What the new changes to GST mean for the GST Registered Property Investor/Property Developer

Having just come to terms with the new depreciation rules, the GST-registered Property Investor with a large portfolio may have overlooked the effect of the new GST rules and the ins and outs that will now become compulsory.

From 1 April 2011 the GST changes for professional Property Investors and Developers are all about ‘use’ and ‘activity’.

Buying and selling of land between GST-registered persons (or businesses) will be rated at 0% for GST.  This means the GST will be removed from the sale price of land being purchased from and by a GST-registered person if it is put to ‘use’ as a taxable ‘activity’.

In brief the changes are designed to stop avoidance – typically where GST claims have been made by a purchaser but no GST has been paid by the vendor – the changes make this impossible.

Under the IRD rules ‘land’ means land, an estate or interest in land, options to acquire land, buildings, fixtures, business premises, ‘not  a supply of land intended to be used as a principal place of residence of the recipient of the supply or a person associated with them ‘.

This means if you are GST-registered and selling to another registered person for an activity attracting GST, the transaction will be zero-rated and you will be required to provide evidence to this effect.  In other words IRD will need you to advise them in writing of the other party’s GST registration details and a statement confirming that the purchaser’s activity will be using the property for business purposes.

If you own a rental property, are not GST registered, and want to sell it, no changes to this type of transaction are in the new rules; the activity is still GST-exempt.

In a situation where a business use is applied along with residential, an apportionment system applies and the purchaser will be required to pay GST on purchase for the part of the property that will be used as a dwelling, that being  the tax-exempt activity.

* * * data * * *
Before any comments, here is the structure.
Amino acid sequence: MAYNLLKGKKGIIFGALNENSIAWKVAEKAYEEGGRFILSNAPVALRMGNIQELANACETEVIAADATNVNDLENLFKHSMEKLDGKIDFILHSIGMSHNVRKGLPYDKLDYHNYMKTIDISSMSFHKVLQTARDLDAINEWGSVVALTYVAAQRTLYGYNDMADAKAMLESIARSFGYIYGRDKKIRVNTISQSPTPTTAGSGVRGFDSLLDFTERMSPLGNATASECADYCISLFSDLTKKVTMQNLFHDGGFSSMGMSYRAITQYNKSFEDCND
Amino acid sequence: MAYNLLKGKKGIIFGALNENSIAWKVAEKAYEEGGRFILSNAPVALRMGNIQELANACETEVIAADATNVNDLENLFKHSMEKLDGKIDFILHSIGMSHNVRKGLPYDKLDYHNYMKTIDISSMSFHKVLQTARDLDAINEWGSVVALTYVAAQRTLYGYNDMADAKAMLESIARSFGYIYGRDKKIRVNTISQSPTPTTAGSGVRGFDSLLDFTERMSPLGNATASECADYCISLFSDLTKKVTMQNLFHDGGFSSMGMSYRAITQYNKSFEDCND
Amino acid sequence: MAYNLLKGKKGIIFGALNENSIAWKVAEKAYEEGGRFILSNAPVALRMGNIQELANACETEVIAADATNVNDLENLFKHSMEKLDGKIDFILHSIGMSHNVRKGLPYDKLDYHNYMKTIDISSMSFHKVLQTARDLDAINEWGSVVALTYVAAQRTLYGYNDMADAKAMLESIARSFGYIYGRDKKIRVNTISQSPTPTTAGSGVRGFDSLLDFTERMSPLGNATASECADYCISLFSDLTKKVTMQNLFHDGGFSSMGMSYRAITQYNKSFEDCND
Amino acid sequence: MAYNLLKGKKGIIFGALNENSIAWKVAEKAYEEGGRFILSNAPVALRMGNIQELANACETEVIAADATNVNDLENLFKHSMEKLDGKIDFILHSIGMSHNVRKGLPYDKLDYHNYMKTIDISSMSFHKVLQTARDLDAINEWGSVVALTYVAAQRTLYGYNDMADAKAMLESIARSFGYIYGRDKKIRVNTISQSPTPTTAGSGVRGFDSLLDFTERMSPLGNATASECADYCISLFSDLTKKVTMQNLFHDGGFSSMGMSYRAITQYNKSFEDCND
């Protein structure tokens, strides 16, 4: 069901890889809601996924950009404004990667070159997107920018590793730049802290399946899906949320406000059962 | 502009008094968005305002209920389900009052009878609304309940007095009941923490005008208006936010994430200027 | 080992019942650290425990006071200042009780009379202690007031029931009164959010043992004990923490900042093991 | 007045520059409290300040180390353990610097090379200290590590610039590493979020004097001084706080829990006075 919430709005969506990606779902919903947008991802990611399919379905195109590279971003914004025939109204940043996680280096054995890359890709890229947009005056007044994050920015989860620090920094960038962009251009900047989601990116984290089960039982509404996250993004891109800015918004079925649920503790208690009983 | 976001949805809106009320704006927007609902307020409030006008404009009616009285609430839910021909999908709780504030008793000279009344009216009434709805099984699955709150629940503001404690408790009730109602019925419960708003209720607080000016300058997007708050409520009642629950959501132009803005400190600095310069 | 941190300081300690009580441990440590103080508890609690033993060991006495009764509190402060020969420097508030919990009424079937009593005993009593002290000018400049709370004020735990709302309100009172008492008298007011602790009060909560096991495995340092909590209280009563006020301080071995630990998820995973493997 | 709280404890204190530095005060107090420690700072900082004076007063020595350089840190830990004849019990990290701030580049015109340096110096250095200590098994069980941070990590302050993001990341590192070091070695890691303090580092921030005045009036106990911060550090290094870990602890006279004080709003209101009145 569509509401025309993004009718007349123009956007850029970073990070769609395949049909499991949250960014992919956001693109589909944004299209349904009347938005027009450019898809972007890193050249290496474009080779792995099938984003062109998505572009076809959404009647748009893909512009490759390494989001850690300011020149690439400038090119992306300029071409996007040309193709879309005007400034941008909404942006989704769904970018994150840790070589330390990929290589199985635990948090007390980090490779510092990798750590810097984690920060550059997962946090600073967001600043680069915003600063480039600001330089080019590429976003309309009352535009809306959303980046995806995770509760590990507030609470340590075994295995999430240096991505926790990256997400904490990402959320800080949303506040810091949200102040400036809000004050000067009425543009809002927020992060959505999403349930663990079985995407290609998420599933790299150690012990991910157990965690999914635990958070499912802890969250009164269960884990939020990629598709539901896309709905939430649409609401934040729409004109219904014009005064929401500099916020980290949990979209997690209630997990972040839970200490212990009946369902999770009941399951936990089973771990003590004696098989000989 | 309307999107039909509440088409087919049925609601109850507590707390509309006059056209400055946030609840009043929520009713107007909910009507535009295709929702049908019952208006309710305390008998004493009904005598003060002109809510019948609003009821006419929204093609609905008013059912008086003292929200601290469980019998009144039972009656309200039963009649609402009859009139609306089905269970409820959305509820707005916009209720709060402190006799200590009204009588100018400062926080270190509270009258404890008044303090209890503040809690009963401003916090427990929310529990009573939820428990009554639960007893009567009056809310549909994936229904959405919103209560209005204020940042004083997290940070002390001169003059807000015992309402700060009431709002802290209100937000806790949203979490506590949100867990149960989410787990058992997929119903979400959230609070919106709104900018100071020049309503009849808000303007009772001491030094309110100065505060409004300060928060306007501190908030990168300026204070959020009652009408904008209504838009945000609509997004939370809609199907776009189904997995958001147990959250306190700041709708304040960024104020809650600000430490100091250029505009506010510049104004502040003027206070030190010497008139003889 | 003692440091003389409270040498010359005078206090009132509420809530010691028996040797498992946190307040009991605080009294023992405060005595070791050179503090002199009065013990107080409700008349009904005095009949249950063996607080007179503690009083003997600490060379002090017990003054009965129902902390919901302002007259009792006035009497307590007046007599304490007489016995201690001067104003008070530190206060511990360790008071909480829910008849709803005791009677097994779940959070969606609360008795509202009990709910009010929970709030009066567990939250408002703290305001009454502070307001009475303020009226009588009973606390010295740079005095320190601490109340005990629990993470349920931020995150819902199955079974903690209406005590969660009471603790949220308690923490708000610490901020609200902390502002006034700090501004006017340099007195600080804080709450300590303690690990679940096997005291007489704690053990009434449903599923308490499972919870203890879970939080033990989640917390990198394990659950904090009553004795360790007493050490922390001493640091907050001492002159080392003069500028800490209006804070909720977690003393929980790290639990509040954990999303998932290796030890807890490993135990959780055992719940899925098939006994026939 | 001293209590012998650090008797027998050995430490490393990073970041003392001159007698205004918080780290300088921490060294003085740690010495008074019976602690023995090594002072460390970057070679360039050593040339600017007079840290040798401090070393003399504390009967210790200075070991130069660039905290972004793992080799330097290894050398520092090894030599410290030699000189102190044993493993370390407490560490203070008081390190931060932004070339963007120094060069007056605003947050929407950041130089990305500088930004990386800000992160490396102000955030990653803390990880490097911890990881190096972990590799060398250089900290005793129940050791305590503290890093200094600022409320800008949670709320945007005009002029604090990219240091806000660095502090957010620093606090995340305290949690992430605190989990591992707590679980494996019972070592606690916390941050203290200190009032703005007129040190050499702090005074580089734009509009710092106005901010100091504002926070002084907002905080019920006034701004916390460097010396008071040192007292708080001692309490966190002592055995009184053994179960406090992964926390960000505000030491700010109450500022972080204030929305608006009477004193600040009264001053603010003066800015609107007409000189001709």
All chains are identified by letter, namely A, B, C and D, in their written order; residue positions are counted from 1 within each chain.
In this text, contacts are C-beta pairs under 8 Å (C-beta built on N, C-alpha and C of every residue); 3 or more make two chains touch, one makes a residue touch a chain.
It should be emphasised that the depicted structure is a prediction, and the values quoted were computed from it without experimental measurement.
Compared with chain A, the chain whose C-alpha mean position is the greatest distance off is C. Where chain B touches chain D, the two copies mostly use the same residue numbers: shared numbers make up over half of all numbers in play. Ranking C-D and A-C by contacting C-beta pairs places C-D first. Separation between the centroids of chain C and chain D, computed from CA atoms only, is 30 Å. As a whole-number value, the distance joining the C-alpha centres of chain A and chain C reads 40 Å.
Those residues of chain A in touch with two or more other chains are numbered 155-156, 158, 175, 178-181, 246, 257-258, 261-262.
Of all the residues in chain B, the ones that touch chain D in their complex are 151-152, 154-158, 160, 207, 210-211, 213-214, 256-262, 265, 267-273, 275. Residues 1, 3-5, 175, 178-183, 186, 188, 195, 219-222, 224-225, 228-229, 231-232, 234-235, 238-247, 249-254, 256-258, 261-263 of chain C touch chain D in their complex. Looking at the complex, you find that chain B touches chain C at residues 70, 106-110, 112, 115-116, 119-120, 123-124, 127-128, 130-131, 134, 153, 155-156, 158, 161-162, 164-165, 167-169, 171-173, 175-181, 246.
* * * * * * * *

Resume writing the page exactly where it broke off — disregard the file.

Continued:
The onus is on the vendor to find out the true intentions of the purchaser.  Their GST status need to be ascertained and their purpose for purchasing needs to be established.  If the purchaser misrepresents their intentions and after purchase uses the property for a non-taxable purpose, they will attract the GST liability, not the vendor, if it can be shown that in good faith the vendor advised IRD of what they understood initially.

The IRD has also widened the definition of a ‘commercial dwelling’ by drawing a line between ‘dwelling’, being where you live and have exclusive rights of possession over and everything else.  Everything else is now a ‘commercial dwelling’ and as such is subject to GST.  The use of the property is the key and more revenue will flow from the inclusion of accommodation such as farm-stay, home-stay, holiday accommodation, serviced apartments and B&B establishments under the ‘commercial dwelling’ umbrella.

The standard forms for property transactions will need to reflect these changes so further details of intended use can be recorded and signed, witnessed etc and enable the vendor to produce evidence of GST registration of the purchaser, address details and their intentions to satisfy the IRD regulations.

It would be a good idea to have a chat with your accountant and Lawyer before the transaction to make sure that you have got all the documents needed and all the boxes ticked.

Brad Golchin, Accountant,

Wise Advice – Xero Gold Partner

Tel: (09) 639 1004

Website: www.wiseadvice.co.nz